“Saw what?” Against my better judgement he had my attention.
“The last mile! The U.S. Postal Service has built out distribution to every home in the U.S. They own the physical last mile; be it an apartment in NY or a cold fishing hut in Alaska. They’re beyond huge. They deliver 40% of the world’s mail! 31 thousand buildings that can be used as drop off and pick up points. 80 million packages picked up! 200 thousand vehicles! Even FEDex and UPS use the Post Office for a bunch of their shipping. Bezos saw he could get everything in one spot, so first he worked a deal to keep them open on Sundays to test his idea out before buying the whole operation.”
“I guess it makes sense,” I said, rising to the debate. “The post office needed someone to keep it from losing more money.”
“No!” he shouts. “Bezos needed the U.S. Postal Service more than the Post Office needed him. He played the loss making thing up in the public. Why do you think he bought a newspaper? Come on man, think! A Washington newspaper? He needed it for the public debate he knew he was going to have!”
“You’re telling me he bought a newspaper so he could buy the post office?”
“You’ll see. The Unions, the Senators, even the President himself–Bezos outwitted them all. The newspaper was the beginning, but it was the semi-independent platform he needed to talk about why leasing the U.S. Postal Service was such a good idea for everybody, and it worked.”
“Wait… Leasing? I thought you said ‘bought’.”
“Well, it’s a 99 year lease, but he took over the whole thing and is running it for them. The government got shares in Amazon worth way more than it was costing them to run the place themselves. It was the greatest public to private transaction in history. Mail delivery is seven days a week now and Amazon prime members can mail anywhere in the U.S. for free—they call it “prime class mail” now instead of first class. Bezos even did this thing where you could print out postage from your amazon.com account. It wasn’t until later that people figured out he had raised postal rates by making it a flat subscriber fee.” His voice picked up pace, and he was looking at the ceiling. He seemed feverish. “It was brilliant, he said, just brilliant. Because FedEx and UPS depend so much on the U.S. Postal Service, he was able to use his new leverage to reduce all of Amazon’s shipping costs before he wiped out the big retailers, all with the help and blessing of the U.S. Government.”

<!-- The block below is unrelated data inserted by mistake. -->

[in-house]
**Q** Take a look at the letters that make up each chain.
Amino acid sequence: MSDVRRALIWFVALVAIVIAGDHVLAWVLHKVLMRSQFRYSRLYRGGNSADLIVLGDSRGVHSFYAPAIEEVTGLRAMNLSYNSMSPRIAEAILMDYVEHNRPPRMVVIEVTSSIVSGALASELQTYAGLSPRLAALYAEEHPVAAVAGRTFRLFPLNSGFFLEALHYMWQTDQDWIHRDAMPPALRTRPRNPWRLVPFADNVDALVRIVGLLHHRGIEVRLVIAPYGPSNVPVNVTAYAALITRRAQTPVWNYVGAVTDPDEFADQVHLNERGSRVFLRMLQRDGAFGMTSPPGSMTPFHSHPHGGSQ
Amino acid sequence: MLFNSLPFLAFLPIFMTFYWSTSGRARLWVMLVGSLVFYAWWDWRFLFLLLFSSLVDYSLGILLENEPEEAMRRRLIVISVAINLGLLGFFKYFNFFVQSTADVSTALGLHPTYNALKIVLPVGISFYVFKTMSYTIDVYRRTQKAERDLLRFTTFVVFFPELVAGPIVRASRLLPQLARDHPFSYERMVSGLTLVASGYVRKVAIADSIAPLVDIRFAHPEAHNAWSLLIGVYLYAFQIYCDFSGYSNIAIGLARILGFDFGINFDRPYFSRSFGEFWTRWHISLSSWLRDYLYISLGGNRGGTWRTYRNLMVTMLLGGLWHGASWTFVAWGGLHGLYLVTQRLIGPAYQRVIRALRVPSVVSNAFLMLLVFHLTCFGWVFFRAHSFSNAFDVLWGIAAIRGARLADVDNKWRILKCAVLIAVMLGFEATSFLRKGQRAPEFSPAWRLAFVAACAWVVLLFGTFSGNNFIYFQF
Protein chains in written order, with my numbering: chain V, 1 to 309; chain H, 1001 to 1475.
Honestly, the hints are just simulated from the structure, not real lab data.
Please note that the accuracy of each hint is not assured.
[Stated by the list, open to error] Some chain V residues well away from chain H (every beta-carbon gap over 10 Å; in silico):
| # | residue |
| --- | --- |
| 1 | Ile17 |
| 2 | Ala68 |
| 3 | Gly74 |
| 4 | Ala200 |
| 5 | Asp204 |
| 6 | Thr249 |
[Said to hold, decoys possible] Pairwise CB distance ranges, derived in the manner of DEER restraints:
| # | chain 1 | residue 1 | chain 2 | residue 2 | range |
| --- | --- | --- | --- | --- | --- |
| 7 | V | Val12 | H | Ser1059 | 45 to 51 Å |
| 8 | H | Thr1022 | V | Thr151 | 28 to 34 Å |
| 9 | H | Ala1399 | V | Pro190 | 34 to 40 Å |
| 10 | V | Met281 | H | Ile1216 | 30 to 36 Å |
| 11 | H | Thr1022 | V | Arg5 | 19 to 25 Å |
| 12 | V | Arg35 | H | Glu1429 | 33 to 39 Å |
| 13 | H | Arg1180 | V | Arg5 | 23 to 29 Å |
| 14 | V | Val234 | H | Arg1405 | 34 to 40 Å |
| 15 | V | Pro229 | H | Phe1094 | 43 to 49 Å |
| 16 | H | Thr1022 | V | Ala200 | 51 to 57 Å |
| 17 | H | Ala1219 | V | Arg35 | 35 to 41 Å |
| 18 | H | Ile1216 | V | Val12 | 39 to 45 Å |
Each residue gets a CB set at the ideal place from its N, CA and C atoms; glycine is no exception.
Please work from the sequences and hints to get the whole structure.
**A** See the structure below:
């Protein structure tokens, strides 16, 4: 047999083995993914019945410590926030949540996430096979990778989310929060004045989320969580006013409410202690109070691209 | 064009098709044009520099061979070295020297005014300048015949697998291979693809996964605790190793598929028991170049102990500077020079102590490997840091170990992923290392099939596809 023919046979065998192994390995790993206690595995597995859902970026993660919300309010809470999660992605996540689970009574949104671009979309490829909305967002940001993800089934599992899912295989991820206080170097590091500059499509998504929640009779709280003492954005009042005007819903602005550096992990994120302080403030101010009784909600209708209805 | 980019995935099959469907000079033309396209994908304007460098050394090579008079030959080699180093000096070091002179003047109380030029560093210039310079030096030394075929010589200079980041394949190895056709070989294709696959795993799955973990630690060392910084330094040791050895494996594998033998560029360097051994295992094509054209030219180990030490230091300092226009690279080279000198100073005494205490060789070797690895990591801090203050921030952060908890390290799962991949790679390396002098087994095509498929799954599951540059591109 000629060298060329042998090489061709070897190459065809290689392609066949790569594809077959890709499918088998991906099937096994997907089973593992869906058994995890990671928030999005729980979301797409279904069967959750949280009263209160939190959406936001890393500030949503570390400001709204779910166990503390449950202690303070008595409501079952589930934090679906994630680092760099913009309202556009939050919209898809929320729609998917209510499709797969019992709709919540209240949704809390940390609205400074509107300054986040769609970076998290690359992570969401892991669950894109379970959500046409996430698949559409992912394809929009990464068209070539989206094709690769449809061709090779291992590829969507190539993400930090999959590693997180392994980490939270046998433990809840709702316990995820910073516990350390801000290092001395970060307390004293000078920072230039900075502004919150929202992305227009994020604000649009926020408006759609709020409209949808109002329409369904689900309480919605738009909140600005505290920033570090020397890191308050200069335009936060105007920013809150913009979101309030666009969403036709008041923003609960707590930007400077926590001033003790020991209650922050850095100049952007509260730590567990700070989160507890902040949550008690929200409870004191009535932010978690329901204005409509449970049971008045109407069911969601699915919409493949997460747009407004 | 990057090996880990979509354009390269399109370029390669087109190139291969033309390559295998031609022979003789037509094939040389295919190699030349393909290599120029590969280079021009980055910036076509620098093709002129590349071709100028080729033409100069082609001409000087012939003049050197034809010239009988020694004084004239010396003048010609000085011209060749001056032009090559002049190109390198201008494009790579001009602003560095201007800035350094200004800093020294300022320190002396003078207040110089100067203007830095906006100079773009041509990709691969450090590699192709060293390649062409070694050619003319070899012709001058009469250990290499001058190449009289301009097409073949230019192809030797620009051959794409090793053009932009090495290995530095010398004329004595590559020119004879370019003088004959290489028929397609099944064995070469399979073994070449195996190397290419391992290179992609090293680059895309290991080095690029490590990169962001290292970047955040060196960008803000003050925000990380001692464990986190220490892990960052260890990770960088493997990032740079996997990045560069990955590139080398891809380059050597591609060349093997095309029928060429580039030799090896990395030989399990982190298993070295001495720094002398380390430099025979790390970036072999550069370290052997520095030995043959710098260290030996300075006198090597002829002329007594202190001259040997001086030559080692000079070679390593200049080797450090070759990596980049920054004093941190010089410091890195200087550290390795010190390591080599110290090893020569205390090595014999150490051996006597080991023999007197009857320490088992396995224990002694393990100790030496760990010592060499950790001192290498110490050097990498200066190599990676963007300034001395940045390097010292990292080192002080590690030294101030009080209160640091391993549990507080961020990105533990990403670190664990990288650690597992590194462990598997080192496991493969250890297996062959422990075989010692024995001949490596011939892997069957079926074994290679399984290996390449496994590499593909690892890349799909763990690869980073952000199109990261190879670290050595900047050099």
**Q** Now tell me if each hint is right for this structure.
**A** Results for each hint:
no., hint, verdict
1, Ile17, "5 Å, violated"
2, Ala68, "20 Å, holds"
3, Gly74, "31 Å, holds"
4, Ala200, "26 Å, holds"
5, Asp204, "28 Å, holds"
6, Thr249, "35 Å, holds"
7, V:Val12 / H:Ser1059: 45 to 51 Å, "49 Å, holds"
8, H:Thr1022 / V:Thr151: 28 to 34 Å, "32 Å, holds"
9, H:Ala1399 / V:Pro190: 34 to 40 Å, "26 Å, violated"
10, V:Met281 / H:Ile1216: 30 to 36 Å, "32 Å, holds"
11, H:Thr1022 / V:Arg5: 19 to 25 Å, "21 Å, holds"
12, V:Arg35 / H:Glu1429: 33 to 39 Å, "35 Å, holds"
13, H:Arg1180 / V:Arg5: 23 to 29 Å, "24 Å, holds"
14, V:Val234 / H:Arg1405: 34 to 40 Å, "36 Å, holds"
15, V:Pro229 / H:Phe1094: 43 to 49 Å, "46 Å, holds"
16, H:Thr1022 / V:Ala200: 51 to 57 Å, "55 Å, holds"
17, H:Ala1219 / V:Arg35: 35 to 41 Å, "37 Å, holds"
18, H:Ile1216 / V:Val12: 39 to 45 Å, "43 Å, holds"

“You’re telling me he did all of this just so he could ship consumer goods?”
“Think strategically! He didn’t do it for shipping, he did it for taxes. He took over the postal service, and he got tax exempt status for everyone buying from Amazon in return.”
This was too much. “Give me a break!” I said. “If Amazon lets me ship for free and lets me buy things tax free, it sounds like a great deal. Everyone should be happy except Amazon’s competitors.” I had forgotten for the moment that this was not a rational conversation.
“That’s what the Walton’s argued before they started shutting down all those Walmarts. They sued. Get this: amicus briefs from all fifty-one states on behalf of Amazon. The states got a cut of the deal, and it sailed through anti-trust because Amazon was a quasi-governmental-company-hybrid. Like Fannie Mae, except instead of backing mortgages it was shipping hand soap. The last case got to the Supreme Court in 2018 and the ruling was a doozy. You’re a businessman, you’ll love it… Takes the whole “corporations are people” thing to its logical conclusion. Look, I’ve got to go. You’ve got enough warning. Just stop him before it’s too late.”
“Warning? Too late? Too late for what? Too late to get him to pay taxes?”
He looks at me for a moment as if weighing what to say next. “After Amazon took over all the back end services from the CIA, it was easy to win healthcare.gov and lots of the little stuff. They finally took over the IRS in 2020. Do you see? They know everything, and it all shows up on your Amazon home page. They know you need statins and that you deduct for a home office. I’ll let you guess what they do with all that big data… Let’s just say that at one point Amazon’s ‘recommended for you’ became very, very creepy.”
Billy reaches down and grabs the mail off my desk. “Can’t have any paradoxes, can we? I’ve got to go, Montana’s waiting. Stop him. Now, answer that call and tell her not to worry, you don’t need a new water heater.”
I don’t even get to ask him why he has to go to Montana. My phone rings, and I look down to pick it up. It’s my wife calling to tell me that there is a puddle of water under our water heater in the garage. When I look up, Billy’s gone.
So there it is as best I remember it. I guess we shouldn’t let the free shipping lull us into a false sense of security. Don’t say you weren’t warned.
So it goes.